I wonder what it would be like to imagine a congregation as a patient, as a sufferer - a people who bear complaints and trials calmly or without complaint. There has been much talk of seeking "healthy congregations". I get this. Nobody is in favour of dysfunctional congregations which have many symptoms of dis-ease. Yet we do gather under a cross, sign of the suffering one who bore suffering without complaint (at least in Luke's and John's versions of the gospel). I wonder about the powerful witness that is made when a people is patient in the face of ache - patient not because the people have given up in despair but patient because the people have placed their ultimate trust in the God who heals and redeems all suffering. I wonder about the balance between holy patience and holy impatience. I expect that we live in a culture that tends to favour the quick fix and fast service, in which customers, drivers and voters are less inclined to develop the virtue of patience. I suspect that this cultural impatience makes its way into the church, where congregations are tempted to imagine that a new program, a new building and/or a new minister will make things better quickly. In a world of much suffering learning to be a patient people may be a central calling of the church in the days ahead.
It has been interesting to watch the reaction to Jack Layton's death from cancer this week. I resonated with an article in the Globe and Mail that wonders about the language we typically use to speak about living with cancer - Did Jack Layton lose a fight or die of cancer? I want to think some more about this. I certainly don't feel like I am in a battle with cancer or that it is "invading" my body. It is my own body that has a broken DNA sequence and so is producing broken cells. It doesn't feel like I am being courageous in dealing with this new reality. It feels more like I am focusing energy and time to this new challenge in the same way that I focused energy and time into raising our young children in the eighties and nineties. You just deal with the matter at hand. In this case, it is the reality that a part of my complex body is not working properly and won't for the rest of my life.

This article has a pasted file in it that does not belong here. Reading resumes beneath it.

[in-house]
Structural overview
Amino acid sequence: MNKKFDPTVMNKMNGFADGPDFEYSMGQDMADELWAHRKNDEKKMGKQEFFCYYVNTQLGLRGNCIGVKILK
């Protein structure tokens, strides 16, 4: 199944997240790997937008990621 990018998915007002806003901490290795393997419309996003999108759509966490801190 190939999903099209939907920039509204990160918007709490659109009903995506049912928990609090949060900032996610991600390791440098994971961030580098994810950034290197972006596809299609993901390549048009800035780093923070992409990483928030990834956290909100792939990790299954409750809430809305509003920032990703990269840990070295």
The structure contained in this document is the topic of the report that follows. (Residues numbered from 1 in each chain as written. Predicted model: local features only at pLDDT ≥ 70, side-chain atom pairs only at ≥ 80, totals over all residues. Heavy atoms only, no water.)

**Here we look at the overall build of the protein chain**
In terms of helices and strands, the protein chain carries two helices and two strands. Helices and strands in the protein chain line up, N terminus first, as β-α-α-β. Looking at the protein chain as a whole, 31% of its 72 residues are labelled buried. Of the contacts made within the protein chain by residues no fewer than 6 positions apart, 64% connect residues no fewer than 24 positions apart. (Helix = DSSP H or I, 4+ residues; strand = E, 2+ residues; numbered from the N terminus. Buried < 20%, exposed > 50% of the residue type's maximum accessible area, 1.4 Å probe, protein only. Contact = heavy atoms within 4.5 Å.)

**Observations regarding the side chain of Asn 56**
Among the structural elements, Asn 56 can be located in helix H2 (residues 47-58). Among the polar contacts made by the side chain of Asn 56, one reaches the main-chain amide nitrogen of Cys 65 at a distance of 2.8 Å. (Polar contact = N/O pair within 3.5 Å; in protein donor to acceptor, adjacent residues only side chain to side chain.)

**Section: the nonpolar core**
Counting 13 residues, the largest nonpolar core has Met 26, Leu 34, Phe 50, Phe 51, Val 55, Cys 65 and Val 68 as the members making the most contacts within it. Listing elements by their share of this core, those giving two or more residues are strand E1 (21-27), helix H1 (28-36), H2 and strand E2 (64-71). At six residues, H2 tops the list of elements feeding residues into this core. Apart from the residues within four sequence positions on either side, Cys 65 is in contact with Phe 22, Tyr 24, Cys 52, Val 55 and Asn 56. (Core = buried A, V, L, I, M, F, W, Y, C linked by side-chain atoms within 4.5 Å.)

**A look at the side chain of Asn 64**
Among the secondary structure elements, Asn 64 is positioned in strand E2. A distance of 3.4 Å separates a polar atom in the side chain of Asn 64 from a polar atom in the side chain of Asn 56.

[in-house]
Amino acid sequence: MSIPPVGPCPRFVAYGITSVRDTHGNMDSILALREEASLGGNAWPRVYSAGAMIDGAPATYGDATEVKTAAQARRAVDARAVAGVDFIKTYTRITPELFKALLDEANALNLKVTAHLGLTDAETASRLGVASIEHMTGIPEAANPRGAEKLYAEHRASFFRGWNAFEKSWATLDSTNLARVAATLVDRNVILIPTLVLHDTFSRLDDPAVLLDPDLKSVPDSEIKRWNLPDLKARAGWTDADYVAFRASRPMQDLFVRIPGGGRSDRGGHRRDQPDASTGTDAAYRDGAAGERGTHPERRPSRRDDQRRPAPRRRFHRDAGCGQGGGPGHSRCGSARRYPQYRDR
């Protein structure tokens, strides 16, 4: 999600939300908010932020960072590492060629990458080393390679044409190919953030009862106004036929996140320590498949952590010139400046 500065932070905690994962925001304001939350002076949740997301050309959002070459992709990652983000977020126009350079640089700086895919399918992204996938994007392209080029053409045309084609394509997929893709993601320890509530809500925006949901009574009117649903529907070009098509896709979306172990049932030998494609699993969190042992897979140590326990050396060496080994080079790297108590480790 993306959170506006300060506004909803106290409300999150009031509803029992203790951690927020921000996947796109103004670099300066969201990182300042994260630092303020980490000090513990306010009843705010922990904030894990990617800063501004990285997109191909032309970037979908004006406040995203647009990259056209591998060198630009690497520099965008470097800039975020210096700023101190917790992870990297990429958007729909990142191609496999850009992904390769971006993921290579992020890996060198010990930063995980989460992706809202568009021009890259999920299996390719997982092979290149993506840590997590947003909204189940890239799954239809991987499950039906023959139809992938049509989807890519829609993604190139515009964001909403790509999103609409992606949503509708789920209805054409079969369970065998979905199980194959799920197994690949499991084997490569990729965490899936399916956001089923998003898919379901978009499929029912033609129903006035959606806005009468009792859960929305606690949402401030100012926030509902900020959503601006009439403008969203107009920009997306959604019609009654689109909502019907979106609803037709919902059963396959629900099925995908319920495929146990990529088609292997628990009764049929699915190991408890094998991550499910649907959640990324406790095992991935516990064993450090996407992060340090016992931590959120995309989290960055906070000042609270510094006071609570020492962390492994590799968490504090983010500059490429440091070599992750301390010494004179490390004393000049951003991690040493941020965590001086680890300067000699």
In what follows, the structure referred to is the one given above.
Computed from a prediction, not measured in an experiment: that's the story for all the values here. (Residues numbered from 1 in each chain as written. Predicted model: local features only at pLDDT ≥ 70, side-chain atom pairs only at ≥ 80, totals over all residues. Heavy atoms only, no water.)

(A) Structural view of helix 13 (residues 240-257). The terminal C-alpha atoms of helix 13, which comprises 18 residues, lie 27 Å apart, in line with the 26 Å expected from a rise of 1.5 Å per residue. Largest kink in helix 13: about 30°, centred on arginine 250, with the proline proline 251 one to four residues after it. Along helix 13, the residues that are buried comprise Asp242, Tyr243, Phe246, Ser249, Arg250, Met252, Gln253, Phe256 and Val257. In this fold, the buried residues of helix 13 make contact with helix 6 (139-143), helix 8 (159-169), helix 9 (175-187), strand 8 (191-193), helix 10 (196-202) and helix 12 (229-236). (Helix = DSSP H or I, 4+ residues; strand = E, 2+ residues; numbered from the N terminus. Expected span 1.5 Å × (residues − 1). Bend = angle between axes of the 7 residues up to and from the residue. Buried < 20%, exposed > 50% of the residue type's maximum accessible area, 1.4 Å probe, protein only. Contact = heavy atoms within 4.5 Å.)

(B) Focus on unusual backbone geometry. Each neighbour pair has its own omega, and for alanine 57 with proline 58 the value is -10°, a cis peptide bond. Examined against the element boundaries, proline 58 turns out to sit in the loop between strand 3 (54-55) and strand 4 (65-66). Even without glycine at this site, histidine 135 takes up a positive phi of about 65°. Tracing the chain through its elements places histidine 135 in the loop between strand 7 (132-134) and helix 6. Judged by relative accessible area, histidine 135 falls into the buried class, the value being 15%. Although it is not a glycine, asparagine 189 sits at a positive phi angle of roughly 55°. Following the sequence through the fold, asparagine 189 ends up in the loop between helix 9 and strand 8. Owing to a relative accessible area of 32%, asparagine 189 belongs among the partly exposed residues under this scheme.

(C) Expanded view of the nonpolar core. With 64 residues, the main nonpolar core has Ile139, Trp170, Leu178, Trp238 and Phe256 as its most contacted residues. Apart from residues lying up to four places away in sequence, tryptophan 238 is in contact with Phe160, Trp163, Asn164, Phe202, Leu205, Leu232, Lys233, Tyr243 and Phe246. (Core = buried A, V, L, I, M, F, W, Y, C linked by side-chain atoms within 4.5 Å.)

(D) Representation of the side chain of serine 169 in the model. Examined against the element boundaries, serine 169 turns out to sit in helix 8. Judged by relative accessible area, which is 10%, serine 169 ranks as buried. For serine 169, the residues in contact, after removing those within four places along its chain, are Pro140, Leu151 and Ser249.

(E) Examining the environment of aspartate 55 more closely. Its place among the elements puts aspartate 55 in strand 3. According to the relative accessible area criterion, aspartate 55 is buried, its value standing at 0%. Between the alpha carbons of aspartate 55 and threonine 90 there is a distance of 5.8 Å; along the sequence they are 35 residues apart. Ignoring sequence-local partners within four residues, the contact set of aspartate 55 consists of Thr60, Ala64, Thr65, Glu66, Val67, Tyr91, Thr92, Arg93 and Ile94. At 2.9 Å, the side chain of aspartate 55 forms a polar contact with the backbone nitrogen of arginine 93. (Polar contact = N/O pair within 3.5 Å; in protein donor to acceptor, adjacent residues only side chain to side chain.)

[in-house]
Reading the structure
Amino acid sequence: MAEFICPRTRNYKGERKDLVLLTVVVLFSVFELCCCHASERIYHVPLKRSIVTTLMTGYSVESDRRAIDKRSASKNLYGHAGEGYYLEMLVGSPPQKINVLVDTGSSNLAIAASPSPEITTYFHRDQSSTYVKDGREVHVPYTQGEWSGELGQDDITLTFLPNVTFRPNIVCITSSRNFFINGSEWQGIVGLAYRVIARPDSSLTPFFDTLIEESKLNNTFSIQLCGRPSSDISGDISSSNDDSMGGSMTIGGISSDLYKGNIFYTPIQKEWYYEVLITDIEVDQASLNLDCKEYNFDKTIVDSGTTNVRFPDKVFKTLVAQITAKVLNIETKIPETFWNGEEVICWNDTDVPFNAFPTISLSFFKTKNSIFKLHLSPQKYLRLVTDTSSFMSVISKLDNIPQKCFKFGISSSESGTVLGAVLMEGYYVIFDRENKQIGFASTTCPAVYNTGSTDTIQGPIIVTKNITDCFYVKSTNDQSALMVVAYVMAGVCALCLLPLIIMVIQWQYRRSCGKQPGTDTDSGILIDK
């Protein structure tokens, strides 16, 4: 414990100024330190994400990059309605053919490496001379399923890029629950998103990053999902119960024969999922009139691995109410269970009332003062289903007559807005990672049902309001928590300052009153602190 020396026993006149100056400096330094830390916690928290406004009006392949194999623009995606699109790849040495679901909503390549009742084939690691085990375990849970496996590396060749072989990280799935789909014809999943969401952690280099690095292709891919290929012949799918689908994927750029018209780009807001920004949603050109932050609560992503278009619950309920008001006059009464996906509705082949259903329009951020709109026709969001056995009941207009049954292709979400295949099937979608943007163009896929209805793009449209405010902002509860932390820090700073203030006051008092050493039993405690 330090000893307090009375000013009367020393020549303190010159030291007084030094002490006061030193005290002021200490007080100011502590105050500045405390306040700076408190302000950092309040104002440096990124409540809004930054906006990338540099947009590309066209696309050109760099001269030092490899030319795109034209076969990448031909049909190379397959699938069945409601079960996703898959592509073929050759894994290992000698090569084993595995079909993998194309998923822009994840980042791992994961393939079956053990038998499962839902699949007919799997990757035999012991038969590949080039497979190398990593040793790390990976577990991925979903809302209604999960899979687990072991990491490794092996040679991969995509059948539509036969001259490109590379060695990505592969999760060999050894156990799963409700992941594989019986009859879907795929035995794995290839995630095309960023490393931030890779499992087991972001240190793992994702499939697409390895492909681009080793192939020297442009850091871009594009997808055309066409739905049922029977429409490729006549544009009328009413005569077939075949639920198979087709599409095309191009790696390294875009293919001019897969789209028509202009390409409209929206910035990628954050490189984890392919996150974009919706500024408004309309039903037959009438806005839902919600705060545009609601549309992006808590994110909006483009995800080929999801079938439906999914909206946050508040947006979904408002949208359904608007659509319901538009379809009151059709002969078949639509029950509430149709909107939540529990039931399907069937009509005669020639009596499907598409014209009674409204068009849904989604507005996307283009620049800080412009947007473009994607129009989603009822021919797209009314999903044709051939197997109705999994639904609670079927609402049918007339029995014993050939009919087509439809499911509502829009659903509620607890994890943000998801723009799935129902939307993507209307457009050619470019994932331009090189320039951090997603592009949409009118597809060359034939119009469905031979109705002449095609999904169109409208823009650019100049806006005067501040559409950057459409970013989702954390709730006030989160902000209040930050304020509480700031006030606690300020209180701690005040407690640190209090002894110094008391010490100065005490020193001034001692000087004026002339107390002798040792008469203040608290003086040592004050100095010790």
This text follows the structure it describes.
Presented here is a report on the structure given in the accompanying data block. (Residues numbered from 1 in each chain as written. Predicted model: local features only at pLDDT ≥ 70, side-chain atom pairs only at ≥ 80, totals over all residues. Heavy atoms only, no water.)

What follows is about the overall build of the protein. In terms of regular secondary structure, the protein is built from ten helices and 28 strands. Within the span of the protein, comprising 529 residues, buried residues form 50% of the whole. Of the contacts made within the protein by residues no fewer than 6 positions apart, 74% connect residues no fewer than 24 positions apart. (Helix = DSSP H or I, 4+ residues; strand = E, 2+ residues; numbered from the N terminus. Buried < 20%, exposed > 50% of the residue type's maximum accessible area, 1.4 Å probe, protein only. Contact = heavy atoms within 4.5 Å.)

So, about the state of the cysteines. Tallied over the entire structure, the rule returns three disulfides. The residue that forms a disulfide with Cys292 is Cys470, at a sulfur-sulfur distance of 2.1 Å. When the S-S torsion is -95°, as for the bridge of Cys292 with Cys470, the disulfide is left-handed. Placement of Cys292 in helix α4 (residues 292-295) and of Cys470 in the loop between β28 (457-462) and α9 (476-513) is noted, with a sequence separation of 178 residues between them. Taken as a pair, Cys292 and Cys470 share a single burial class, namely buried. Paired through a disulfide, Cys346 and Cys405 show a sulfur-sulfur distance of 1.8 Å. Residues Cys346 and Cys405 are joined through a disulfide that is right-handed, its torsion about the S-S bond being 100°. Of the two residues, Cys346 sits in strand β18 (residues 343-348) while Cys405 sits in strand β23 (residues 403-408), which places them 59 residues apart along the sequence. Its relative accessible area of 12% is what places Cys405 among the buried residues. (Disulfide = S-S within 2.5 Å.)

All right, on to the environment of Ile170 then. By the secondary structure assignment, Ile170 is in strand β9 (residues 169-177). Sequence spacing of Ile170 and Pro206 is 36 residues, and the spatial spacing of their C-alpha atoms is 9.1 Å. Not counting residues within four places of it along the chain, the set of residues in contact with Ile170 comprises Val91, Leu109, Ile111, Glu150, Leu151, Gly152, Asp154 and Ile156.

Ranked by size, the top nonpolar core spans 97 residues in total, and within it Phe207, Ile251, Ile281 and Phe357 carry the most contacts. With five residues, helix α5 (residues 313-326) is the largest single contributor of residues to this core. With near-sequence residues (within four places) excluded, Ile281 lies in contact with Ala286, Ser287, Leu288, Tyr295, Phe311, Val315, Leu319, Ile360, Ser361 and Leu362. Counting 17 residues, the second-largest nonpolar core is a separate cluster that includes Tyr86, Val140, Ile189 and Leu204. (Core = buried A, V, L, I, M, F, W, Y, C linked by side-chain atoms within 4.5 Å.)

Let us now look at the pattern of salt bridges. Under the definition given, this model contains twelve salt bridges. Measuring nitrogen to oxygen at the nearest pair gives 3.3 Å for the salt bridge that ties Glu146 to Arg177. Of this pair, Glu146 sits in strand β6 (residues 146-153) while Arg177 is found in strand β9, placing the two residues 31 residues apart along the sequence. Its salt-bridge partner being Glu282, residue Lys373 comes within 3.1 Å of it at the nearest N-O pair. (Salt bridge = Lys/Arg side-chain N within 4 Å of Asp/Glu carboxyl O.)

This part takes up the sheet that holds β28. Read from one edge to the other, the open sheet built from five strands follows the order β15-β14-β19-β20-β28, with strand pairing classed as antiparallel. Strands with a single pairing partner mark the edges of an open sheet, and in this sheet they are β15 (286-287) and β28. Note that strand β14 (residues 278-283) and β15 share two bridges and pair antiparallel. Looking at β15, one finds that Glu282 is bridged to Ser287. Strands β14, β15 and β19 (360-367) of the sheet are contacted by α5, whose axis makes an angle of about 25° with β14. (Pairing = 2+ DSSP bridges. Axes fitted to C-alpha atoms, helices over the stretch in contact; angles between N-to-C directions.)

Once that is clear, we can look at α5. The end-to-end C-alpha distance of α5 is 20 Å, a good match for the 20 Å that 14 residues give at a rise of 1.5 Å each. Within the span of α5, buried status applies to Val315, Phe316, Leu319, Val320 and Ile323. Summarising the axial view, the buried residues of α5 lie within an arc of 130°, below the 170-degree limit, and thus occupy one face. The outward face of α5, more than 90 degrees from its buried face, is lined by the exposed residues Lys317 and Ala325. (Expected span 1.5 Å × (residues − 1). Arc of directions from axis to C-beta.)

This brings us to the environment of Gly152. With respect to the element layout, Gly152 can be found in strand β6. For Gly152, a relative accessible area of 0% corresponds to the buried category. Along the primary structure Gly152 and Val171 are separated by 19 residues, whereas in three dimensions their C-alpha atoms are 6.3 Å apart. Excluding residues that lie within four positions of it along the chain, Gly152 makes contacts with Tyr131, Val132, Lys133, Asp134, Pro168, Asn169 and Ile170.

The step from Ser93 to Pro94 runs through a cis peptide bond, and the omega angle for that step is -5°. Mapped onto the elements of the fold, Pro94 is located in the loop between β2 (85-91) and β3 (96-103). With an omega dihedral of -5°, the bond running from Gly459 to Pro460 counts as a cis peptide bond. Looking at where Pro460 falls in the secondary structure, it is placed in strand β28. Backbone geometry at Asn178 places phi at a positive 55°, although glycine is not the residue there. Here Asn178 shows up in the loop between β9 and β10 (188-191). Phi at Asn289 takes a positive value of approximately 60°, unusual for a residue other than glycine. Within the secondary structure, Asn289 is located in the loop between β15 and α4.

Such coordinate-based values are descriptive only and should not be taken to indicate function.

By the way, the Globe article led me to an interesting writer at the Guardian who has multiple myeloma - Mike Marqusee
We had some family fun last week, preparing ourselves for the the loss of body hair that will be one of the side effects of the upcoming chemotherapy. We sat outside on a lovely summer evening and sheared my head. I haven't had a buzz cut since elementary school. Once everyone got over the shock they agreed that it looks pretty good. Perhaps they were just being kind. I am getting used to it. One more step in the journey. One more reminder that my identity now includes "cancer patient". The loss of hair, the signs of chemotherapy - these are all powerful symbols in our society because cancer, itself, is so powerfully symbolic. Finding oneself among those who have moved across the cancer border means making sense of life in a society that lives in fear of the very diagnosis that one has received. I am just beginning to relocate myself in this new place and am surprised that it is less terrifying and more life giving than I would have guessed.
Thanks again to all who continue to email notes of care and concern not to mention those who stop by this site to catch up on my journey and to offer prayers for me and others who strive for patience in the face of all manner of suffering.